One way is Lagrange polynominal, which is a method for producing a polynominal which will go through all given data points.

During my first year at university, I wrote a little tool to do this in 2D, and you can find it on this page, it is called Lagrange solver. Wikipedia's page also has a sample implementation.

How it works is thus: you have a n-order polynominal, `p(x)`

, where n is the number of points you have. It has the form `a_n x^n + a_(n-1) x^(n-1) + ...+ a_0`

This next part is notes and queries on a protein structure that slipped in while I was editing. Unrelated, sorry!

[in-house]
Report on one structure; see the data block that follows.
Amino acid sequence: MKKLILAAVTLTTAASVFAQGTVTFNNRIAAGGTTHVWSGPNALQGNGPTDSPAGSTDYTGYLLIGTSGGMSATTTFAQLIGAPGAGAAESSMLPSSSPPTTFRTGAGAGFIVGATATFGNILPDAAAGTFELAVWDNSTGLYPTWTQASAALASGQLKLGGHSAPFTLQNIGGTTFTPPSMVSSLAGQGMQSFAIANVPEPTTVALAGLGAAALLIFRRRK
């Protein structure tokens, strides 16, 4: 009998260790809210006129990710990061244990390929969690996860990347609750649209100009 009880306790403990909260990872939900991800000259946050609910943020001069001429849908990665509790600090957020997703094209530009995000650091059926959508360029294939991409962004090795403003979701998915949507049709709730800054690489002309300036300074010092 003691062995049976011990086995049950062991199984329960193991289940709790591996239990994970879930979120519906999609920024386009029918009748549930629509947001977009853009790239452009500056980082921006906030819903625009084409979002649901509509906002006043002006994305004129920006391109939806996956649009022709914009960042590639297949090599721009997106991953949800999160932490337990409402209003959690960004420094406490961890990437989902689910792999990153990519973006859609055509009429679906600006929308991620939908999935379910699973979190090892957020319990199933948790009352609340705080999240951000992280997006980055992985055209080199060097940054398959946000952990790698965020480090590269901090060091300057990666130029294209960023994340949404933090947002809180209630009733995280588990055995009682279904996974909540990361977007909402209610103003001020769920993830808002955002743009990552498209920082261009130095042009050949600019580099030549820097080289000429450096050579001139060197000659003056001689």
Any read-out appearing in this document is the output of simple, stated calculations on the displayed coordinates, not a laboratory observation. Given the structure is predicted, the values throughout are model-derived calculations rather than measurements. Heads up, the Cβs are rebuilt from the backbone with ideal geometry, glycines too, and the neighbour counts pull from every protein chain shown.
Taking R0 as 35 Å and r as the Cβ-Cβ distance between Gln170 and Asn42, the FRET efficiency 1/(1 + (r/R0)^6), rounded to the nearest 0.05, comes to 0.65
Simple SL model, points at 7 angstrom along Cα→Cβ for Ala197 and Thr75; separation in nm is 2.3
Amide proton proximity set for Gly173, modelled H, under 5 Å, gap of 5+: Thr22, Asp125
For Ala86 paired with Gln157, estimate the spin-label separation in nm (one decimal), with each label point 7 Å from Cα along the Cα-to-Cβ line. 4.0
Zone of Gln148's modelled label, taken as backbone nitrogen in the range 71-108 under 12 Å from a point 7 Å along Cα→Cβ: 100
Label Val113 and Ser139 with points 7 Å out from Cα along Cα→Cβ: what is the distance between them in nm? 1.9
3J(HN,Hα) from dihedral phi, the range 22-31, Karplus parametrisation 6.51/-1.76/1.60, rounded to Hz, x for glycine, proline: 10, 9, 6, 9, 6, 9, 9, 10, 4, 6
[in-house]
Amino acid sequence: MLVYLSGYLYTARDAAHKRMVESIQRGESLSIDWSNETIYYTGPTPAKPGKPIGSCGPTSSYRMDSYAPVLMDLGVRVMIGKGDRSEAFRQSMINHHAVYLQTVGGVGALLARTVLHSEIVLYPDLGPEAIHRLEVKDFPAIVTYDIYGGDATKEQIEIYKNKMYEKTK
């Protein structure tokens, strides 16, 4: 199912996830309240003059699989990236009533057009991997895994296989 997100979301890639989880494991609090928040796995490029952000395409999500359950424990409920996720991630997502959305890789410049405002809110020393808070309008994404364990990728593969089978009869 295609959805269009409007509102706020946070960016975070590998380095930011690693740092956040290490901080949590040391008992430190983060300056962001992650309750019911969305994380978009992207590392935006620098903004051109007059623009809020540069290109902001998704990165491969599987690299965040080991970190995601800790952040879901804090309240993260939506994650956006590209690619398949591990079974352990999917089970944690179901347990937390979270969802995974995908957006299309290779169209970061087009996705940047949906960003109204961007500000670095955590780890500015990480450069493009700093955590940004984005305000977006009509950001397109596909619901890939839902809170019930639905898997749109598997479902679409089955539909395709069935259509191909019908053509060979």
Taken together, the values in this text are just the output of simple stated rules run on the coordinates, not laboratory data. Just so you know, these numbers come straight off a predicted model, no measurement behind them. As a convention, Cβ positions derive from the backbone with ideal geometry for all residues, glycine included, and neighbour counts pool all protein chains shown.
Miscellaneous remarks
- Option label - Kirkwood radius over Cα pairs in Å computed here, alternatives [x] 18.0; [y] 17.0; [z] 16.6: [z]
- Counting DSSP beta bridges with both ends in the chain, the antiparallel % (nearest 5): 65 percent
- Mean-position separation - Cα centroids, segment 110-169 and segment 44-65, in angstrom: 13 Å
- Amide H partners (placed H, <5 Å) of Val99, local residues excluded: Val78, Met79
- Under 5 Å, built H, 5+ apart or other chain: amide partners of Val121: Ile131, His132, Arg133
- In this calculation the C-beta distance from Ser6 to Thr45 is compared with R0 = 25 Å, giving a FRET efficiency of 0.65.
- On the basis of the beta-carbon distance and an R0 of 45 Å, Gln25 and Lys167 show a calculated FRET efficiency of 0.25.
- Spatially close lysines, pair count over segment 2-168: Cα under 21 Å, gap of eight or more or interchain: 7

, where `_`

is subscript, `^`

is power. You then turn this into a set of simultaneous equations:

```
p(x_1) = y_1
p(x_2) = y_2
...
p(x_n) = y_n
```

You convert the above into a augmented matrix, and solve for the coefficients `a_0 ... a_n`

. Then you have a polynomial which goes through all the points, and you can now interpolate between the points.

Note however, this may not suit your purpose as it offers no way to adjust the curvature etc - you are stuck with a single solution that can not be changed.